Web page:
In yet another victory for the forces of politically correct insanity, voters in North Dakota voted to dump the mascot of the University of North Dakota (UND). The Fighting Sioux are no more. According to the Bismarck Tribune, more than 67 percent of voters approved of Measure 4, a ballot initiative that ended the long struggle between the National Collegiate Athletic Association (NCAA) and its supporters, on the one hand, and those who love and revere the formidable-looking Indian logo the school has used for many moons.
The question is, should the computer be used to replace the teacher in educating students, or should the student merely learn how to use a computer? Has the computer become merely another edu-fad that neither teachers nor students know quite what to do with? Many believe that, with or without computers, the teacher is still the most important person in the classroom.
Approximately 18 months after the "Arab Spring" uprising began in Egypt, the final outcome of the rebellion that ended the reign of President Hosni Mubarak remains to be seen. With press reports of a small turnout in Egypt’s runoff presidential elections that are intended to pick the successor of a man who led his nation for three decades, it is possible that the nation’s electorate may be choosing “none of the above.”
At least 123 delegates to the Republican National Convention have joined as plaintiffs in a lawsuit seeking to block the Republican National Committee from forcing them to cast their votes for the presumptive nominee, Mitt Romney.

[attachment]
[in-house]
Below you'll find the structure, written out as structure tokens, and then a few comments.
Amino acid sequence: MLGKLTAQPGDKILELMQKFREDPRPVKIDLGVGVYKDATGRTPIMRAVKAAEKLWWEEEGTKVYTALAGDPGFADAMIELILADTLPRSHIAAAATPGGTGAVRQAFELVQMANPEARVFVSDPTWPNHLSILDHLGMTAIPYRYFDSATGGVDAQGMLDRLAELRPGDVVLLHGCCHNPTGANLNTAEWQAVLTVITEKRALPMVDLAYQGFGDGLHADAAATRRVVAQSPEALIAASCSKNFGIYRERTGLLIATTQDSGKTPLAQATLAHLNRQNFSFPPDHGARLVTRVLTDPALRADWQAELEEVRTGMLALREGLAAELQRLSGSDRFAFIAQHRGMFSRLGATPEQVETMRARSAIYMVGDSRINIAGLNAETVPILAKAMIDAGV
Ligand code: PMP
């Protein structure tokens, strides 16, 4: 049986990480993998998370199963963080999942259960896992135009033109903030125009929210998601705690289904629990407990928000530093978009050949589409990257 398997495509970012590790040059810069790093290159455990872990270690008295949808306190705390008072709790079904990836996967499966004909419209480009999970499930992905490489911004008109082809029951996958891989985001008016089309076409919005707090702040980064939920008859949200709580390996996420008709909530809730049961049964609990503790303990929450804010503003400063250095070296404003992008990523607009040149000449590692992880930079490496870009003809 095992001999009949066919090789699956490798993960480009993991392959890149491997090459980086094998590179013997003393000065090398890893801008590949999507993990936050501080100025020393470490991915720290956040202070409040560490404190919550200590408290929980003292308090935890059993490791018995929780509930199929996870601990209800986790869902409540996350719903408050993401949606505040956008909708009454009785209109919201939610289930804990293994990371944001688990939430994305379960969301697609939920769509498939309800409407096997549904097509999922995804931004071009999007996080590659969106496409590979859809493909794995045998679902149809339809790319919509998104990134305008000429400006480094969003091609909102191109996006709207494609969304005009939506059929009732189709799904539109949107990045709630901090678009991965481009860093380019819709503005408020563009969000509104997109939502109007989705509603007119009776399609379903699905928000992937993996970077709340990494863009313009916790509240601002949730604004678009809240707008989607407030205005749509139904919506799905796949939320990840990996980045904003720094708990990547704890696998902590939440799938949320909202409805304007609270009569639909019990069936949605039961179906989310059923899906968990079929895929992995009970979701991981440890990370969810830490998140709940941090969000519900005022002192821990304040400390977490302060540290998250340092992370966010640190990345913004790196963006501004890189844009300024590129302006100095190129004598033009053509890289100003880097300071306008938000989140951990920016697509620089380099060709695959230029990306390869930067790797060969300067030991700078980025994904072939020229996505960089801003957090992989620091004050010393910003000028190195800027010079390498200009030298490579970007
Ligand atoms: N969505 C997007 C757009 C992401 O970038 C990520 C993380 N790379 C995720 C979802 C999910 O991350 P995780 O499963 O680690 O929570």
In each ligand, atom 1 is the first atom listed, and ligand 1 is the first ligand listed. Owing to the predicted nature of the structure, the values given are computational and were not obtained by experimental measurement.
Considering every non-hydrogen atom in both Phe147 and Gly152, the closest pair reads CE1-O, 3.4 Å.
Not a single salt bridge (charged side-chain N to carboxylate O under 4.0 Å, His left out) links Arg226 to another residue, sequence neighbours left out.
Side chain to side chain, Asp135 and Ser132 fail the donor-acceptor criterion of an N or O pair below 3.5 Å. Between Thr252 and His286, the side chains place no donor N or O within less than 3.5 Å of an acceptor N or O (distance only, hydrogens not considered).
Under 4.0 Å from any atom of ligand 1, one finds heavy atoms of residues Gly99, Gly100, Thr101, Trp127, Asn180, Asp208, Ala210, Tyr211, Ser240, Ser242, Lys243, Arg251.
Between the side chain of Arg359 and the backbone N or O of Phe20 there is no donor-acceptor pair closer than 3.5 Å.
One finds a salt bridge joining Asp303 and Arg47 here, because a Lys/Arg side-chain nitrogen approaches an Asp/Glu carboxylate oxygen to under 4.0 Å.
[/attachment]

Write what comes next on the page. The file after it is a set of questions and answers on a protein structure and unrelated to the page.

The British government is proposing a bill that would force communications providers to log details of every e-mail, telephone call, and text message in the U.K. and make this information available to law enforcement on request.
Texas Republican Congressman Ron Paul emerged from the Iowa state convention with a clear majority of the delegates being sent by the state to the GOP national convention in Tampa in August. Paul won 21 of the 25 contestable delegates, and will have 23 of the 28 total delegates Iowa will send to Tampa.
As Egyptians await word of the outcome of the the weekend's runnoff elections for a new president for their nation, the fate of the Egypt seems more uncertain than at any time since the “Arab Spring.” Only months ago, the Muslim Brotherhood had allegedly been plotting to export their Islamist revolution to neighboring countries. Now, a panel of judges has dissolved the new parliament, and is permitting Egypt’s former prime minister to run for President.
Adding to the Obama administration’s mounting heap of regulations, the Environmental Protection Agency (EPA) proposed Friday new air quality standards to curb the purportedly fatal repercussions of soot emissions. In reducing the emission of such particles, which environmentalists say are one of the most hazardous air pollutants, oil refiners and large manufacturers will be forced to invest in costly pollution-reduction upgrades.
His brooding countenance stares out at us from a prominent place on the newsstand. Chances are you will not recognize the face. At first glance you might think it's the return of Alan Greenspan, the man who's sober stewardship of the Federal Reserve System included a memorable description of the stock market's "irrational exuberance." The large print on the cover of Time magazine calls him "THE DECIDER." Well, that could be Mr. Greenspan, who decided interest rates and money supply for many years. But no, the cover tells us that title goes to Justice Anthony Kennedy, most often the "swing vote" in an evenly and ideologically divided court that resolves many disputes in 5-4 decisions. Since the four liberals and four conservatives vote in generally predictable patterns, Kennedy's unpredictable vote is the lever of power, potentially deciding everything, as the cover tells us with anxious anticipation, "from gay marriage to ObamaCare."